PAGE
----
Should I be concerned about XE, the new COVID hybrid

(ORDO NEWS) — A new hybrid variant of COVID-19, dubbed XE, has recently raised new concerns.

The XE is a combination of the highly transmissive BA.1 and BA.2 Omicron variants and was first spotted in the UK in mid-January. Its spike protein is derived from BA.2, which is potentially good news for New Zealand as this variant is dominant (over 90 percent of recent infections) and people who have been infected should have some protection against XE.

To date, about 700 viral genomes have received XE status worldwide. This variant has been found primarily in the UK, and now in a few cases in other countries, including Thailand and the US, most likely due to travel-related spread of the virus.

According to current estimates from the UK, the XE has a slight (5-10 percent) transmission advantage over the BA.2, making it the most transmissible Omicron sub-variant identified to date. Every time a new, more transmissible variant appears, it has a chance to become dominant over time.

XE has not yet received its own Greek letter. For now, it belongs to Omicron until significant differences in virus transmission and disease characteristics, including severity, are identified.

So far, there is not enough data to draw firm conclusions about the transmissibility of XE, and there is almost no data on the severity of the disease or the ability to evade immunity.

How do hybrid options arise?

Usually, each individual virus is almost an exact copy of its single parent virus. But viruses also undergo a process called recombination – they can have two parents.

Recombinant viruses can occur when two or more variants infect the same human cell, allowing the variants to interact during replication. This can lead to mixing of their genetic material, forming new combinations of viruses.

Some viruses, such as influenza, have segmented genomes and can mix entire segments together in a process called reassortment. Viral recombination and reassortment are common among viruses, but their rate varies greatly depending on the type of virus and the likelihood of coinfection.

More than two years after the onset of the pandemic, and with high levels of infection worldwide, recombination of the SARS-CoV-2 virus is more likely and easier to detect than at earlier stages.

The global wave of Omicrons has led to a rapid increase in the prevalence of COVID, which increases the likelihood of coinfection and gives the virus a better chance of recombination.

We also have more ability to detect recombination than before. At the beginning of the pandemic, there was little genetic diversity in the SARS-CoV-2 virus, and recombinants were similar to non-recombinants because the two parental viruses were nearly identical.

But now there are several genomically distinct variants infecting people in the same locality, making recombinant genomes much easier to spot among the millions of genomes created to date. Viral recombination is likely to play an important role in the ongoing evolution of SARS-CoV-2.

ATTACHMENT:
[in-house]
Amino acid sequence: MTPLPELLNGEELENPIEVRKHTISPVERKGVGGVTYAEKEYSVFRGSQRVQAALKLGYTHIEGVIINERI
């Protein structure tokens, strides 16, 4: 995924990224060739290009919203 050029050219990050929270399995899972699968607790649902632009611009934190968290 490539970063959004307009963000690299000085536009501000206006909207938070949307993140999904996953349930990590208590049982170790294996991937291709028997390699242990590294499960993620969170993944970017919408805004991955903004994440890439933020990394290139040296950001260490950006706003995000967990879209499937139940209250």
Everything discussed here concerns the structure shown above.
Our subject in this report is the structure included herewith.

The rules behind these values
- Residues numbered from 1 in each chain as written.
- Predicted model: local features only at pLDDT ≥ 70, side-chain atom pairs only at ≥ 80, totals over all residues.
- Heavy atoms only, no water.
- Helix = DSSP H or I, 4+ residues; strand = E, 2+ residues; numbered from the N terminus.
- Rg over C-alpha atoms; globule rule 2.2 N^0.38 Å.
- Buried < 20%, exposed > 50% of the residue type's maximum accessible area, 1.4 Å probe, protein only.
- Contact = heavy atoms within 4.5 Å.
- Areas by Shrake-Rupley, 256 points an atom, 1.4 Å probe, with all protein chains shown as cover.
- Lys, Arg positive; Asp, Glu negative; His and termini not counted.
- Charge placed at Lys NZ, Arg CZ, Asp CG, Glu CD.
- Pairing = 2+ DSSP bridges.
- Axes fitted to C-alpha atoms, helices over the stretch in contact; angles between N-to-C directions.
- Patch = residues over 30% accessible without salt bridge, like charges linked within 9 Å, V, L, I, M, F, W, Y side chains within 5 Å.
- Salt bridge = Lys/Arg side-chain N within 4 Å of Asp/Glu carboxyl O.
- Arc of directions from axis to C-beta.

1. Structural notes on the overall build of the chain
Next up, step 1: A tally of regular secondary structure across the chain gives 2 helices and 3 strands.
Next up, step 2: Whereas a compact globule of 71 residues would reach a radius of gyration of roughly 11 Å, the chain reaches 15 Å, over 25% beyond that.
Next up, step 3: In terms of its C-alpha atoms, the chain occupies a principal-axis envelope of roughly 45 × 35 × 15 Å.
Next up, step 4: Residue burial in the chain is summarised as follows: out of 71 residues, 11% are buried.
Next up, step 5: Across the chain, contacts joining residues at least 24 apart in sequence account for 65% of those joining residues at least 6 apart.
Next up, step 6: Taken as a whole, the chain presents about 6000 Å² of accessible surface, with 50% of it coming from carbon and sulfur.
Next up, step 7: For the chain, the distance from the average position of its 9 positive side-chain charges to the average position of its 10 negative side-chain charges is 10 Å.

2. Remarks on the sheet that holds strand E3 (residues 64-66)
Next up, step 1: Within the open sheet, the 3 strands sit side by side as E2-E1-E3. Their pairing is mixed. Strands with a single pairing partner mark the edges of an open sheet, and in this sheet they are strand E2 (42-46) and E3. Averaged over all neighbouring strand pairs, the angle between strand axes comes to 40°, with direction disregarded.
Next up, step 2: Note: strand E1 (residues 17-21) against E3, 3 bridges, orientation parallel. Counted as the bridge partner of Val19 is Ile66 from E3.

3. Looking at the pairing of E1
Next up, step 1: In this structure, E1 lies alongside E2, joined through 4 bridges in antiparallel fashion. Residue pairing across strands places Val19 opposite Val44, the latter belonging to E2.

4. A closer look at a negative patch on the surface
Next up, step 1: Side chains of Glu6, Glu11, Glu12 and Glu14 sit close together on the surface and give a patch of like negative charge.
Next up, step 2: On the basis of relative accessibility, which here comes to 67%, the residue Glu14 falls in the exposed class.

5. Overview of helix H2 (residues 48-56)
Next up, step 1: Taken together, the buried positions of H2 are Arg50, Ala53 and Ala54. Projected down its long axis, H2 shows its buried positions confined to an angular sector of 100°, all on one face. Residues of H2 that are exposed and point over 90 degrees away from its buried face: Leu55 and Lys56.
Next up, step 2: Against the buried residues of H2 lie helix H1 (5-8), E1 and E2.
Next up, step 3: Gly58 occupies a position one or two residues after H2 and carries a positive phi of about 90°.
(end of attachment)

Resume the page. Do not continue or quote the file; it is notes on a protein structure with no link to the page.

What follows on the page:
Known viral recombinants

Recently, several recombinant variants of SARS-CoV-2 have been identified, named XA, XB, XC, etc., up to XS. Some of these variants were sequenced as early as mid-2020. Some of them have met only a few times, while others have been assigned several hundred genomes.

Currently, two main types of recombinants are often found: mixtures of Delta and Omicron (dubbed Deltacron) and mixtures of Omicron subvariants.

Some of these recombinants are closely monitored. These include XD and XF, which are composed of Delta genetic material and the BA.1 Omicron subvariant.

XD was first discovered in France and contains a mixture of a spike protein from BA.1 and the rest of the genome from Delta. There was some concern that it would inherit BA.1’s ability to bypass our immune defenses and Delta’s high virulence. To date, XD does not seem to be spreading widely or rapidly.

Should we be worried?

So far, there is no evidence that recombinant viruses pose a greater threat to public health than any other options. But recombinants should be closely monitored to see if they cause changes in virus transmission, disease severity, or the ability to evade vaccine-induced immune defenses.

For now, there is no need to worry too much about XE. But we need to continue to monitor SARS-CoV-2 globally to identify new variants and understand what risk they might pose.

Our best approach to limiting the rate of emergence of new recombinants or other variants is to limit the spread of the virus. Despite widespread worldwide recognition that SARS-CoV-2 will be with us for the foreseeable future, we can still use protective measures to slow down and suppress the virus.

These include regular testing, isolation in case of infection, wearing quality masks and improved ventilation. All these measures reduce the chances of getting a coinfection and becoming a carrier of a new recombinant. Conversation


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